Owned by Microsoft, Github is the world’s largest open source platform where you can store any code, software or app which you may have developed. On its website, it boasts of hosting over 73 million software developers and four million organisations.


And, as the word open source suggests, it is free for all and free from all kinds of scrutiny. Anyone can put any app or code on it for others to see. Unlike what happens on Apple’s Play Store or on its Samsung’s equivalent, where every app goes through several levels of scrutiny before making it to the mobile phone’s application store.





For the unversed, GitHub is an online platform that is used by software developers to store, track, and collaborate on projects.


It allows a developer to upload his or her own code files and to collaborate with other developers on open-source projects. It also works as a social networking site, where developers can freely collaborate, network, and put forward their projects.


To better understand GitHub, first, you must understand Git. Git is an open-source version control system.Simple, right? But what does that really mean? A simple example will help.


Say a group of developers creates something — for example an app. They will make constant changes to the app’s code and release new versions even after its official release.


Now, a version control system will keep these revisions untangled and in order by storing the modifications in a central repository.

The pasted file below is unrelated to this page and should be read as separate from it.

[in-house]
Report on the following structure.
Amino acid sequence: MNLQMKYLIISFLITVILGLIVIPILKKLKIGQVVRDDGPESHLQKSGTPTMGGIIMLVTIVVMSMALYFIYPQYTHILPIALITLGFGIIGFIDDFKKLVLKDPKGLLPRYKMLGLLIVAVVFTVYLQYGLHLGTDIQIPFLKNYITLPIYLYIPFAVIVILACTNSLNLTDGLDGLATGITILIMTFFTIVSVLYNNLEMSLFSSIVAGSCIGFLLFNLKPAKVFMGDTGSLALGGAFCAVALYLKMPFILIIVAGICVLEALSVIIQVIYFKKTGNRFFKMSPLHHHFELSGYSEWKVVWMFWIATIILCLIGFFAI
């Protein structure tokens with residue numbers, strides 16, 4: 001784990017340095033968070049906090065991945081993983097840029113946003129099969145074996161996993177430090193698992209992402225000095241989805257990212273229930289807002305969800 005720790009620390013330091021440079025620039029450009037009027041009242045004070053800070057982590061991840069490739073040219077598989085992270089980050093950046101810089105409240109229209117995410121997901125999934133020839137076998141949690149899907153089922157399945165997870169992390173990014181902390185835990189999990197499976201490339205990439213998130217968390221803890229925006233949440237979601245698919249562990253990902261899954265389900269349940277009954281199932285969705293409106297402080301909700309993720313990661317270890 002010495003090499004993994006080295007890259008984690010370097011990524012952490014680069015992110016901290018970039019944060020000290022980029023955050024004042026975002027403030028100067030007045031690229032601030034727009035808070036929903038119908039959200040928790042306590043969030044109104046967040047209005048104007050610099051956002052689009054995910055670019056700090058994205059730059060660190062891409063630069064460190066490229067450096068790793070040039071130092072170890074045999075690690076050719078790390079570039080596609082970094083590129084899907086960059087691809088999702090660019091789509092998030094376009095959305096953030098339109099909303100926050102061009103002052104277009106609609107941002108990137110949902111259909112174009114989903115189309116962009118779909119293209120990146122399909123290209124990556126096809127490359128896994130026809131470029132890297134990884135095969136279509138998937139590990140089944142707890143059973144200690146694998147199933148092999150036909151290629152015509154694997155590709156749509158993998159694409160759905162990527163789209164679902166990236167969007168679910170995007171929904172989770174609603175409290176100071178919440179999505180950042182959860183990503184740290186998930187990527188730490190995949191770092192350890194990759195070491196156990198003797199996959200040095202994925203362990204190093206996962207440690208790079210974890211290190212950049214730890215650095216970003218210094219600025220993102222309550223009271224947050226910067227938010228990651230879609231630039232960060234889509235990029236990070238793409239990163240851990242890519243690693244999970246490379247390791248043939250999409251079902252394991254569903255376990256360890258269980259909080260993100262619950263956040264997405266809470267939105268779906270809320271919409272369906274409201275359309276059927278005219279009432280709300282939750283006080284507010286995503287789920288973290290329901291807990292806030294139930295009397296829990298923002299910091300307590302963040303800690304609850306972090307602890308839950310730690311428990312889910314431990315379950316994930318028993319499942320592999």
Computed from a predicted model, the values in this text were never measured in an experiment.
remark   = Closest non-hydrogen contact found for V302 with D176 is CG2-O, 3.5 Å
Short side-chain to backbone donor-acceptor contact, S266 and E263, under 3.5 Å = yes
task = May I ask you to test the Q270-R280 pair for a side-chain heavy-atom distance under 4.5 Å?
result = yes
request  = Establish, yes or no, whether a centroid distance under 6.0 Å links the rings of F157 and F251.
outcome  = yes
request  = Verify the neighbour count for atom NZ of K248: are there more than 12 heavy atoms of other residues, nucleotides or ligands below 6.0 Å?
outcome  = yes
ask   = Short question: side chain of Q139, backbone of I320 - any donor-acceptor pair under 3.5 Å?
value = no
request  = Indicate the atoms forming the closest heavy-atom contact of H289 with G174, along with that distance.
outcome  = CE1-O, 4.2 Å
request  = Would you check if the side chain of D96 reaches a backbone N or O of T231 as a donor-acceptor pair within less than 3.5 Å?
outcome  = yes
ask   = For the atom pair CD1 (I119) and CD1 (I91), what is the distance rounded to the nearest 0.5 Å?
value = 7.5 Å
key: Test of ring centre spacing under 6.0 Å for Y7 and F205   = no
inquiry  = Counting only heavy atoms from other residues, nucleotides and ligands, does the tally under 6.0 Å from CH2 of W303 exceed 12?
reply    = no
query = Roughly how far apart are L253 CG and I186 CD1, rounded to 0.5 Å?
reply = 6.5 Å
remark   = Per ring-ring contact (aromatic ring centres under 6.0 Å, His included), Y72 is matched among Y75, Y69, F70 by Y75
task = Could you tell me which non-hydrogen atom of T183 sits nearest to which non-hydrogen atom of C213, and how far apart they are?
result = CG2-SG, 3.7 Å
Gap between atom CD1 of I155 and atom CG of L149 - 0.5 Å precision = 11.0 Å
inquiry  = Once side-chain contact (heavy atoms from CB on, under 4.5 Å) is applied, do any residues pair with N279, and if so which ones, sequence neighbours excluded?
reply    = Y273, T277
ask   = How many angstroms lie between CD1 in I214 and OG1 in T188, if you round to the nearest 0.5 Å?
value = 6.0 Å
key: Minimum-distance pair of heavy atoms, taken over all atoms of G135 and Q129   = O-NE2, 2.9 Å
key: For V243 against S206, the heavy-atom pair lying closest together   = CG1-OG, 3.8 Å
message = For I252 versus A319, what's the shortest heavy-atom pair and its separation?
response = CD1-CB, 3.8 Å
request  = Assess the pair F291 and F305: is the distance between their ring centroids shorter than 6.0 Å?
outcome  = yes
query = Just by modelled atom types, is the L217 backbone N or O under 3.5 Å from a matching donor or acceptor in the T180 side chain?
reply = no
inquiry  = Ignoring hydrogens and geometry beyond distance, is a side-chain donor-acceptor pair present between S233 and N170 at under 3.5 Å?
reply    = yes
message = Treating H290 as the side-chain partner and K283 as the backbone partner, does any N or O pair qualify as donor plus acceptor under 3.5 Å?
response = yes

It will allow the developers to collaborate with ease as they will be able to download a new version of the app, make changes, and upload the newest revision. And, every developer involved can view these new changes, download them, and contribute to the project.


In fact, people who are not involved with the development of the said project can still download the associated files and use them.


Basically, Git is used for managing and keeping a track of file revisions. While it can be used with any file type, it is most often used for keeping track of code files.The unique demands of building a software have made GitHub so popular.


Google Docs, for example, has a “Version History” tool. This might sound a lot like that, but it is more advanced.


To add features to and fix bugs in a software, developers have to frequently, and even simultaneously, update its code. And, it definitely doesn’t make sense to make said changes directly to the source code. Instead, a developer will work on his or her own copy of the code. Afterwards, once their code has been tested thoroughly, it can be added to the main codebase.


There also needs to be a way to combine every developer’s contributions into one unified codebase and identify who contributed what. And these changes to the code must be tracked and stored in case there is a need to restore a previous version. GitHub allows all this.


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